Is autism and ASD the same thing

Autistic Aid

People with Autism Spectrum Disorder often find their environment chaotic and unpredictable. They have great difficulties in adapting flexibly to new situations and processes and in finding their way around adequately. By using certain behavior patterns, those affected try to make their environment more predictable and transparent. In addition, these behaviors are often used for relaxation and simply bring joy.

The following particular behaviors occur in an autism spectrum disorder:

  • Repetitive / stereotypical behaviors: These are specific actions that are repeated over and over (in the same way). Some people with Autism Spectrum Disorder have abnormal body movements, such as flapping their arms repeatedly or rocking their upper body. In addition, people prefer fixed processes and structures that do not always make sense to others. In the case of a child, for example, this can be expressed in such a way that it insists on always eating at the same time and only from a red plate, always taking the same route to school or always arranging the toys in a certain way. If these rigid routines are disturbed or interrupted, this means a great deal of stress for those affected, which can sometimes lead to violent outbursts of emotions and even tantrums.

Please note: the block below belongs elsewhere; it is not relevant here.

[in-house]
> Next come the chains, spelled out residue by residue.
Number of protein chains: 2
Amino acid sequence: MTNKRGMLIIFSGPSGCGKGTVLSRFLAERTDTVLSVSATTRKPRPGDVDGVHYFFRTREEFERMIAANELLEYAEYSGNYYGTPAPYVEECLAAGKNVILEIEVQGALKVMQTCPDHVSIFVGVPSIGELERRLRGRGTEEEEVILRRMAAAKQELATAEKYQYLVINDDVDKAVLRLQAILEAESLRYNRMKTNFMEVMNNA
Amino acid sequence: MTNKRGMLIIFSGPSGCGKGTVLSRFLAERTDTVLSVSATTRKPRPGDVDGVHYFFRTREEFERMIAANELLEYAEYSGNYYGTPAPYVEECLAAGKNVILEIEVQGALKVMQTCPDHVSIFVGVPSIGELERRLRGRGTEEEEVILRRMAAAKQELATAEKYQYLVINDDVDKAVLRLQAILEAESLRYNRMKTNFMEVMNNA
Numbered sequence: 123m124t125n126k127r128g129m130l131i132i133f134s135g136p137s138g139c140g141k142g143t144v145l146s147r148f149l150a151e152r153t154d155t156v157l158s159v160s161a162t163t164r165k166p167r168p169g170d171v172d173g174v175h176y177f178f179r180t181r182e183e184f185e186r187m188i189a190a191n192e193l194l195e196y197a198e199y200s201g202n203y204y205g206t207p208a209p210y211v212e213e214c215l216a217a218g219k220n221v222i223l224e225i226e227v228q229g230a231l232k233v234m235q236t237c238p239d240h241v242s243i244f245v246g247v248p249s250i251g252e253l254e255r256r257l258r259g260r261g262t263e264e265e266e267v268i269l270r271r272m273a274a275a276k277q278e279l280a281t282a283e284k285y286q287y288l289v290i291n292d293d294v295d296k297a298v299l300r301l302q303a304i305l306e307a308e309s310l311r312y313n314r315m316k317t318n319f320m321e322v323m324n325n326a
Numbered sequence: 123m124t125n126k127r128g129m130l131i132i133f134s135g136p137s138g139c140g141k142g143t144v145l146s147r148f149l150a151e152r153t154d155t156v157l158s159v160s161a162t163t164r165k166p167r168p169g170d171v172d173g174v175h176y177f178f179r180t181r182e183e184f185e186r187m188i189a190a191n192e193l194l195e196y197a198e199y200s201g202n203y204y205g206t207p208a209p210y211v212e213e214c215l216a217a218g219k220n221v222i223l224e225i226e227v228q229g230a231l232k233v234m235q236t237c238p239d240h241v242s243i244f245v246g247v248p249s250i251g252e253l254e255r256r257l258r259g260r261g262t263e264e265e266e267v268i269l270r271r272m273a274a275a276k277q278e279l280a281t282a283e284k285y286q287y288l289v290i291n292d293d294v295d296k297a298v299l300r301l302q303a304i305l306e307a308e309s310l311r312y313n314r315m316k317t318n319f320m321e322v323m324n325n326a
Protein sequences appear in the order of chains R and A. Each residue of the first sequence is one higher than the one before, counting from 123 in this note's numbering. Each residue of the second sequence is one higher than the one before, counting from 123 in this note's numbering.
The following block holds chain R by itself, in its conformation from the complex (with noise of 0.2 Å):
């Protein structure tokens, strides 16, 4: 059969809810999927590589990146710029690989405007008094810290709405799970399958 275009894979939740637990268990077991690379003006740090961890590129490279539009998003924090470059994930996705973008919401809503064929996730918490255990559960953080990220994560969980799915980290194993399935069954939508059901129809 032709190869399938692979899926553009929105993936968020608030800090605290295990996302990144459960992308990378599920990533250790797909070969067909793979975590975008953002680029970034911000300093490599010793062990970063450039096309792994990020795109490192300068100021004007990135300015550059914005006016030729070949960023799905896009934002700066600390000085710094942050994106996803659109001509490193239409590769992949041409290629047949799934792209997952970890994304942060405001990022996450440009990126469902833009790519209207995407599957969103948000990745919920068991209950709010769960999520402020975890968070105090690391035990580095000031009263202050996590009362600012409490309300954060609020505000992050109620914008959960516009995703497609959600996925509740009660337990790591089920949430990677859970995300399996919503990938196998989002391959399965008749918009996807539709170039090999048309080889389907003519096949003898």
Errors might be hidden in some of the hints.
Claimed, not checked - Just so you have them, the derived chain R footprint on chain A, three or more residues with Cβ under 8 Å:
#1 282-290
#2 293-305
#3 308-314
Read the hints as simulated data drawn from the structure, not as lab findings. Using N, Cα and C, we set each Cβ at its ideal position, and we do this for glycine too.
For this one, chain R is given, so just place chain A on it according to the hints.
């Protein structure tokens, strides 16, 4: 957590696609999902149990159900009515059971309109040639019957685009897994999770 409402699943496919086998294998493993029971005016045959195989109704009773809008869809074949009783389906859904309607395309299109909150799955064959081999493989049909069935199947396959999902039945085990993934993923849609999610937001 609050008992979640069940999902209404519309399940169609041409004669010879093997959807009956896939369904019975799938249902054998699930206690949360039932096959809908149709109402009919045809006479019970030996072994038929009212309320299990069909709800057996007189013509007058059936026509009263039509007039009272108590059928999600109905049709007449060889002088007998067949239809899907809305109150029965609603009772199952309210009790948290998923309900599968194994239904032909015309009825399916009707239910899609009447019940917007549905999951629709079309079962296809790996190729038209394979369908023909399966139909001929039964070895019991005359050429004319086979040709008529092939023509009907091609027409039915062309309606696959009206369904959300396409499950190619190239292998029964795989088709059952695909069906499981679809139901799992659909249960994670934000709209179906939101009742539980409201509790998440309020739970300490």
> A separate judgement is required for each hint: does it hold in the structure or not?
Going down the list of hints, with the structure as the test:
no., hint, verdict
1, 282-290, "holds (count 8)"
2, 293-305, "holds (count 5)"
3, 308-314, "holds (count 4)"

• Special Interests: People with Autism Spectrum Disorder often develop a keen interest in certain topics or objects. They deal with it very intensively and for an unusually long time. The selection of the special interest depends on the preferences and level of development of the respective person. For example, they can be fascinated by a certain object and spend hours with it, simply because it feels good, looks beautiful or makes pleasant noises. Some spend a particularly long time with certain topics and want to learn everything about them. Such topics can be, for example, train timetables, water supply systems, power grids, hydrants or much more.

Key Features

Special features in communication

  • Special features in behavior

Special features in perception

Special features in the processing of information